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Budget Travel

The Galapagos on a Budget

By Karyn S. Johnson

Budget-conscious travelers should not let the reputed expense of the Galapagos deter them. Cruises can be arranged from the U.S., from Quito or Guayaquil, or in the islands themselves (most easily in Puerto Ayora, a dusty little town on Isla Santa Cruz). Thrifty travelers can book their cruises from the Ecuadorian mainland to take advantage of the last-minute fares offered by agencies for boats not fully occupied.

Quito’s travel agencies are clustered along Avenida Amazonas. I dealt with Enchanted Expeditions. The people at there are friendly, speak English, and offer discounts for members of the South American Explorers Club.

Visiting the Galapagos during the low season—from mid-April to the end of June, and from early September to mid-December--saves money, too. In September the water is cold for snorkeling, but a three-millimeter wetsuit solves that problem.

Safari Tours provides a comprehensive list of available Galapagos cruises, along with information about the boats’ classes, size, prices, and sailing dates.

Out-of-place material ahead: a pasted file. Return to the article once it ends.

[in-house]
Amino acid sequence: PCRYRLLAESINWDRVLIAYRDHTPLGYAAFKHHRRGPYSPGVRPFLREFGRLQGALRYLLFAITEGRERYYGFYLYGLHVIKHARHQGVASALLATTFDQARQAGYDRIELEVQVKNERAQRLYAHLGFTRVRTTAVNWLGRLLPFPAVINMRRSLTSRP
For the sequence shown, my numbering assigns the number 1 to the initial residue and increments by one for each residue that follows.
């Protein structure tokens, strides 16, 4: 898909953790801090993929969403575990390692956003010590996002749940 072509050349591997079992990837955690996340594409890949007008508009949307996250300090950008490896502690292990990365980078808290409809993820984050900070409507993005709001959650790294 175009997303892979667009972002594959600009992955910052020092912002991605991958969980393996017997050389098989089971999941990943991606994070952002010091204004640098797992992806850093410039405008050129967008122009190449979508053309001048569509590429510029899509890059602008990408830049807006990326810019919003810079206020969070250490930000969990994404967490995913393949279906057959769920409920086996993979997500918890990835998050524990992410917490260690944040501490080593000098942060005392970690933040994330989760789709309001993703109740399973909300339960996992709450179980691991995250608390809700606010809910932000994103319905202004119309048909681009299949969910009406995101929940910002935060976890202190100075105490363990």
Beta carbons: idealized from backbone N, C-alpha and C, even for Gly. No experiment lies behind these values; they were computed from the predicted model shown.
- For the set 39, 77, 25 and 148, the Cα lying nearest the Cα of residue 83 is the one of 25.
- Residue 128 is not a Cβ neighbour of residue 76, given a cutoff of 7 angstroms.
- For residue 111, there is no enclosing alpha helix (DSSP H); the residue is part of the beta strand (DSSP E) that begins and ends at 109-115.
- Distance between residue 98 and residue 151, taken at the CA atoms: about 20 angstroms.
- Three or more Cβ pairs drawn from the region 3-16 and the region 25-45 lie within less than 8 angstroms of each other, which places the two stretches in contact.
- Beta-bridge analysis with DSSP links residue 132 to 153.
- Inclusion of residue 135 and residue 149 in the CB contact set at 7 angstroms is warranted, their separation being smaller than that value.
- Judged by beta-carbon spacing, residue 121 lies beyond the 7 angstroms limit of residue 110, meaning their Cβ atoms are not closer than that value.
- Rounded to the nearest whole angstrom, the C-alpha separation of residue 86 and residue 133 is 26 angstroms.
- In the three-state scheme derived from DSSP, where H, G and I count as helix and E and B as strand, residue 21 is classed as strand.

If you can’t afford a cruise, go to Puerto Ayora. Stay at Estrella del Mar (“Star of the Sea”), (located off Avenida Charles Darwin by the police station), and shop around for day trips to nearby islands. Island hop via the interisland boat service, INGALA (its Puerto Ayora office is near the docks).

Several people gave me favorable reports of scuba diving trips organized by Galapagos Sub-Aqua,

Finally, travelers in Puerto Ayora should check out the bar Galapason, the best source of current information about what’s going on. When I was in the Galapagos and a volcano on Isla Isabela began erupting, the news broke first in Galapason. (My friends and I chartered a boat to get a closer look at the eruption.)

Another way to explore the Galapagos without paying for a cruise is to volunteer at the Charles Darwin Research Station,, in Puerto Ayora. Applicants should have a background in biology, speak Spanish, and be willing to stay for six months. Most volunteers are Ecuadorian, some are gringos. As volunteers, they visit areas off limits to mere tourists. On the other hand, most tourists don’t have to kill feral goats with their bare hands as some volunteers do (so they said).

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